You start like a lost arena Kink Floyd The Wall attack, then comes a kunk rock guitar romp, before they settle for a robust garage-pub-power-pop-rock rehearsal sound (it does sound like a live studio take). The band is raw and tight, and the hooks are… everywhere. CAN YOU HEAR ME ? Around the di-ya-ya-ya-ya-yal… the vocal call and responses, the Beach Boys round round round interlude, coming out of nowhere and reaching for the sky… and even an unexpected Moneygoround (with a Bowie twist) sounding bridge, “was it something that you saw” that comes and goes like a mirage. Structurally, I find it stunning, seemingly effortless but incredibly precise… in a paradoxically loose kind of way. That’s what the band will sound like from now on, expert craftsmen going through their repertoire like it’s a tour rehearsal and they can’t wait to wrap it up and go have a pint at the nearby pub. But probably with other people… You can feel the urgency, the impatience, the musical tightness that also comes from the unwillingness to spend too much time together. Let's get it over with! Yes, paradox… I don’t know if during these sessions Dave was doing his guitar parts after Ray and the others had put down the basic tracks, but it certainly doesn’t sound that way at all. This is tremendously exciting, breakneck, aggressive and confrontational rock’n roll. And no shouty Ray in sight, he sings good, strong, accent worn on his sleeve, in this new matured voice that will become Ray Davies for the next… 40 years or so. Anyway, this is a fantastic opener, not only of this new record, but of a new decade and a new career phase. I don’t even know if it’s 100% good or not… but it’s damn great.
  17. stewedandkeefed

    stewedandkeefed Came Ashore In The Dead Of The Night

    I always enjoyed "Around The Dial" as an album and concert opener. I think this is a song specifically aimed at the American audience where major markets always had a rock n roll station with DJs that were popular. This did not really apply in England as the BBC dominated and the only DJ that had any sort of street cred was John Peel who pretty well played whatever he wanted. I like the way the band is playing on this song. Sure it is pretty conventional arena rock but it has enough kwirks to keep it interesting.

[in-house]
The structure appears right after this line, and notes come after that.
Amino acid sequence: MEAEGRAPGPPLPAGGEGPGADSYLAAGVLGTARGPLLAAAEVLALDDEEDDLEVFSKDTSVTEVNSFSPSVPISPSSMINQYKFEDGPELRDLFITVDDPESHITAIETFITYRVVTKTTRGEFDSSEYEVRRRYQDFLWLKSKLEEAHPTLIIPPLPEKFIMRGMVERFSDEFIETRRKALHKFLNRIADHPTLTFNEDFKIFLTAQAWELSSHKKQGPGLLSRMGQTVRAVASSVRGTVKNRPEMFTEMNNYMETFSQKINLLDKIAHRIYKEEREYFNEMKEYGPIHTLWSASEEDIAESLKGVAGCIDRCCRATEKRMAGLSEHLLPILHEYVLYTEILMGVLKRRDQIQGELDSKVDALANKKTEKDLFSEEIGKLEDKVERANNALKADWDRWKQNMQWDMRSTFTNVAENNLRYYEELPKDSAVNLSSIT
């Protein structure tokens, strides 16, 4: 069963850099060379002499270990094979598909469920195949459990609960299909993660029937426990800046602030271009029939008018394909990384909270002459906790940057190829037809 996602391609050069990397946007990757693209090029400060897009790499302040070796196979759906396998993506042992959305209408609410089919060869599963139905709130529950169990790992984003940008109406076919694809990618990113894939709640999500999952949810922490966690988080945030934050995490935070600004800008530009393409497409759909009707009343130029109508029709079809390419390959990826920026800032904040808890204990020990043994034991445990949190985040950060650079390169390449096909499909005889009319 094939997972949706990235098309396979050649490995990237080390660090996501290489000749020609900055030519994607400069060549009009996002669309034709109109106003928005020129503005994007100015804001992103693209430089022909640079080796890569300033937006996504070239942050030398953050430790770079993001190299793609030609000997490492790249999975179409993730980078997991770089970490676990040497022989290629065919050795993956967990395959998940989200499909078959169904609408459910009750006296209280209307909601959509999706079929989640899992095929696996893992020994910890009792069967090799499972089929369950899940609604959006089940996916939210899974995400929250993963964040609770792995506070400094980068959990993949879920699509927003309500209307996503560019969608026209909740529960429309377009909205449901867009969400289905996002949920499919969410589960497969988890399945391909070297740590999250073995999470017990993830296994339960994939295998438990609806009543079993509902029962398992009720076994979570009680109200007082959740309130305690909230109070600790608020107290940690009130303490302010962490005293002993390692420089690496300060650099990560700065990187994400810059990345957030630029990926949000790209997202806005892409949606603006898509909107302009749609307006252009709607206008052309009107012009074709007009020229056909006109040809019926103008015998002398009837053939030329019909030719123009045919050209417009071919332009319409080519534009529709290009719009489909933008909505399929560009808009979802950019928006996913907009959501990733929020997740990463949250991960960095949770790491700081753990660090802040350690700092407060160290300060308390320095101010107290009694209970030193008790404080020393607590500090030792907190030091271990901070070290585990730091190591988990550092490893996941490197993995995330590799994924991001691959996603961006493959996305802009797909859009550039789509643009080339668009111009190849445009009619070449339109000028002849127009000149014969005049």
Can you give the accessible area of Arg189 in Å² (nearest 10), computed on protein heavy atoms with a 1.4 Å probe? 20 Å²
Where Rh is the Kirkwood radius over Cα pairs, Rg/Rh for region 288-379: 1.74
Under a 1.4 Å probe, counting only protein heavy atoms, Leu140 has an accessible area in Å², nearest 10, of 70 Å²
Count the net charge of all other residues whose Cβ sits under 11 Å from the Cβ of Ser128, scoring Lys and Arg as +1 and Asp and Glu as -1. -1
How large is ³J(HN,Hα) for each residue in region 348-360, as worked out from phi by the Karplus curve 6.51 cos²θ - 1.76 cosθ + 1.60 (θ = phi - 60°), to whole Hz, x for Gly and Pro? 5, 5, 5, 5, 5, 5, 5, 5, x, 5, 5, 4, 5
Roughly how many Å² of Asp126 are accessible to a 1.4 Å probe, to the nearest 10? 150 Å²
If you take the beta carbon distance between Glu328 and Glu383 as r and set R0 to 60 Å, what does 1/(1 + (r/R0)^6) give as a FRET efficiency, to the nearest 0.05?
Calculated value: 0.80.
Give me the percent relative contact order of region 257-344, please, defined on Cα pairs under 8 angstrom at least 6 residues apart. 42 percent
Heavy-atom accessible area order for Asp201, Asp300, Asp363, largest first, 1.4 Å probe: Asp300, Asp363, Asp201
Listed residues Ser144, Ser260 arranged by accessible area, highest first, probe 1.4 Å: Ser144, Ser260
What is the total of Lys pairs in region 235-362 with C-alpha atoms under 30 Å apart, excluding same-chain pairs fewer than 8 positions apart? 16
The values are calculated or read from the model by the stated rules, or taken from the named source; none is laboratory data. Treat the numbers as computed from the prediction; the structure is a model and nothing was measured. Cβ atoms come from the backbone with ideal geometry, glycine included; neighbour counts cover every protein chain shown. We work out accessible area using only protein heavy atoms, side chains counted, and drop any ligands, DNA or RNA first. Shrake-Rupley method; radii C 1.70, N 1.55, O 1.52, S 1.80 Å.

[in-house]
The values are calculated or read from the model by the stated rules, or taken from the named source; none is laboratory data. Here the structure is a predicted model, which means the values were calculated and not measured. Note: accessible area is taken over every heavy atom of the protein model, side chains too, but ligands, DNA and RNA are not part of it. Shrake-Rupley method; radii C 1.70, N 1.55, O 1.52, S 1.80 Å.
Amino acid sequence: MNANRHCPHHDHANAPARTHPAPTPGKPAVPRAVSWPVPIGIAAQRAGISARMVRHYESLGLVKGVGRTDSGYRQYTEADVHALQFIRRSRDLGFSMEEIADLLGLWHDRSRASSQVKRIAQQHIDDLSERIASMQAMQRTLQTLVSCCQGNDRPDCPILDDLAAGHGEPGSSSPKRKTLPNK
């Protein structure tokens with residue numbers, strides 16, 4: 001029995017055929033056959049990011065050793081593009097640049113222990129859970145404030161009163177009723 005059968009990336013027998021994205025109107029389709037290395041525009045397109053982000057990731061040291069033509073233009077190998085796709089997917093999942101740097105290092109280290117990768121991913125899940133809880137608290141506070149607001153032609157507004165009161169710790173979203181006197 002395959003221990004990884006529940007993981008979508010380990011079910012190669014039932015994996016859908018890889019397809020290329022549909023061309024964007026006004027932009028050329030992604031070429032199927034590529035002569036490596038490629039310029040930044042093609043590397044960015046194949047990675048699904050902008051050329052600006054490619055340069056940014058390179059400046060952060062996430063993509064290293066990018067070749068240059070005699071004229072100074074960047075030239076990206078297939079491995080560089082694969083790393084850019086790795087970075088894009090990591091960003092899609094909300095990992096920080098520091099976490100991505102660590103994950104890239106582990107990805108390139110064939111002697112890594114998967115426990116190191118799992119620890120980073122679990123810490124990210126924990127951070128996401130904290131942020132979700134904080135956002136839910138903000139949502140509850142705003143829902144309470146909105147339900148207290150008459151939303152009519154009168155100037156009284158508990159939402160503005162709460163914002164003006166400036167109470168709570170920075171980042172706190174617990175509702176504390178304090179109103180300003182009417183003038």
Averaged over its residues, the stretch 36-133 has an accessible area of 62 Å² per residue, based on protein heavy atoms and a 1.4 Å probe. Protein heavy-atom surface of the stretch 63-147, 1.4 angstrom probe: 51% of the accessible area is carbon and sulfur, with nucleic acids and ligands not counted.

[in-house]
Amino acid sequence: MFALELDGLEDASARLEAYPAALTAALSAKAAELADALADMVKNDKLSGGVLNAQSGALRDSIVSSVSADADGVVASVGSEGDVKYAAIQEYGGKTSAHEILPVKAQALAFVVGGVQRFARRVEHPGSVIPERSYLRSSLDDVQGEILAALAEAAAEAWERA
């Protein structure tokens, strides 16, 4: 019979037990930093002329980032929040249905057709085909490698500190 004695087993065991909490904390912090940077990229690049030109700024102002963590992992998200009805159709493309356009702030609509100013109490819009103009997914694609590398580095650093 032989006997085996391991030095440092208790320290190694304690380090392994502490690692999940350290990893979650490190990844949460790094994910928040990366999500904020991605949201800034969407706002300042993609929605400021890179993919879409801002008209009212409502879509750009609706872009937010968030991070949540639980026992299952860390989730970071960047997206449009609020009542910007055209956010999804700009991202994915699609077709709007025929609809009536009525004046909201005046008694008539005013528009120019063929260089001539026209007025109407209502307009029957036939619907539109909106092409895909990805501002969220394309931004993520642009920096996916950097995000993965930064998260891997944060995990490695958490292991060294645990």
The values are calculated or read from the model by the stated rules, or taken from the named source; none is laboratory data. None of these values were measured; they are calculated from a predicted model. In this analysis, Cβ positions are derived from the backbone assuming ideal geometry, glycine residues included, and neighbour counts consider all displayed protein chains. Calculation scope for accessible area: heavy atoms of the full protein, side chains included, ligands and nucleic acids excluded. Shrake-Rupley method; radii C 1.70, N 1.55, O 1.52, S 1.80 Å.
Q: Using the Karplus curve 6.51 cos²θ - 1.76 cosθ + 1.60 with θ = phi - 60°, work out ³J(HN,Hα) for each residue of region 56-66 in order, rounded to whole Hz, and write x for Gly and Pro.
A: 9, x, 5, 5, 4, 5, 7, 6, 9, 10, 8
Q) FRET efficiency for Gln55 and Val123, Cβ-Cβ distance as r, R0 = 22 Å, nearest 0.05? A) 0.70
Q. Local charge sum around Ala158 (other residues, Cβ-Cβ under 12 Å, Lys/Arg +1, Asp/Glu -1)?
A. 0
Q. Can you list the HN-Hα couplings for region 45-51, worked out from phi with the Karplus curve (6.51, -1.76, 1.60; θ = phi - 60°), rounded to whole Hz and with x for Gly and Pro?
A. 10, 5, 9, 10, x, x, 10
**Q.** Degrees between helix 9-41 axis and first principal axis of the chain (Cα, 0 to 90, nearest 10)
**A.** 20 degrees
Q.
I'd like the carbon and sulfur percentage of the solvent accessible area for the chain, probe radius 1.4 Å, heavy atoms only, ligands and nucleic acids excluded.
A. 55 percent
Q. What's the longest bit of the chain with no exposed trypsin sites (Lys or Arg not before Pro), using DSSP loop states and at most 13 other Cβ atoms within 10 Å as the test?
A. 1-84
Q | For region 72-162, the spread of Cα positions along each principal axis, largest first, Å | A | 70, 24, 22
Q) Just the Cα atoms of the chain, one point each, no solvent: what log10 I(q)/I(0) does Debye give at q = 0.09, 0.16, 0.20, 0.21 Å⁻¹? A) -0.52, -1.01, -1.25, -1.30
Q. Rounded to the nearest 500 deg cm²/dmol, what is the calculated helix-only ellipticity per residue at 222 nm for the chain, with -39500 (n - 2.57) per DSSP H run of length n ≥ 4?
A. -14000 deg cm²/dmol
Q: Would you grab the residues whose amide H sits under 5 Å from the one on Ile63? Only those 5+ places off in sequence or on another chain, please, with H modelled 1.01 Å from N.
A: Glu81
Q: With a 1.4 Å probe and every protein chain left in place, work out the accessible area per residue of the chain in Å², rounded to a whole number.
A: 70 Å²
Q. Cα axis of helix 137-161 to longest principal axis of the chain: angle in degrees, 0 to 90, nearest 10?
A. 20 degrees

18. All Down The Line

    All Down The Line Senior Member

    Wait, you asked Ray Davies to sign not 1 but a whole bunch of Kinks albums?
    N.b. Did you accost him at his hotel?
  19. ajsmith

    ajsmith Forum Resident

    Green Day's lift from 'Picture Book' on their hit 'Warning' is well documented.

    Slightly less often cited but still noted is their borrowing of the Do It Again/She's Got Everything riff on 'Walking Contradiction'.

    What I've never seen noted anywhere (I guess cos it's an obscure LP only cut as opposed to a single) but has always struck me is the OTHER Green Day/Kinks debt, on their 1997 song 'Uptight': check out the melody of the 'perfect picture of bad health' section at about 30 seconds in and see if you agree with me that it's a blatant nabbing of the melody of 'FM, AM where are you' bit about 1.30 into 'Around The Dial'!

  20. fspringer

    fspringer Forum Resident

    New York City
    Around the Dial: "By killing the ... he has become a hero in the Muslim world." Even now, that snippet sticks with me at the start of the song. It was meant as a stray bit from an imaginary newscast, but there's something really off-kilter about the line. There was an assassination attempt on The Pope right around then (Google tells me May of 1981, album came out in August), so the snippet formed some odd connection to that incident.

    Earlier I made the comparison to the band possibly hearing something like Van Halen covering "You Really Got Me" and recognizing this facet of their sound could be explored more heavily. The album starts off this way, swinging hard. This was another of those albums previewed on FM radio just before its release, and I recall being excited as hell when I heard this, even with the station call letters assiduously stamped on every 30 seconds of the song! The Kinks had done hard songs many times before, but something about the way this sounded was more modern. Yet, the background vocals and lyrics were something you'd rarely or never hear on a hard rock or metal song.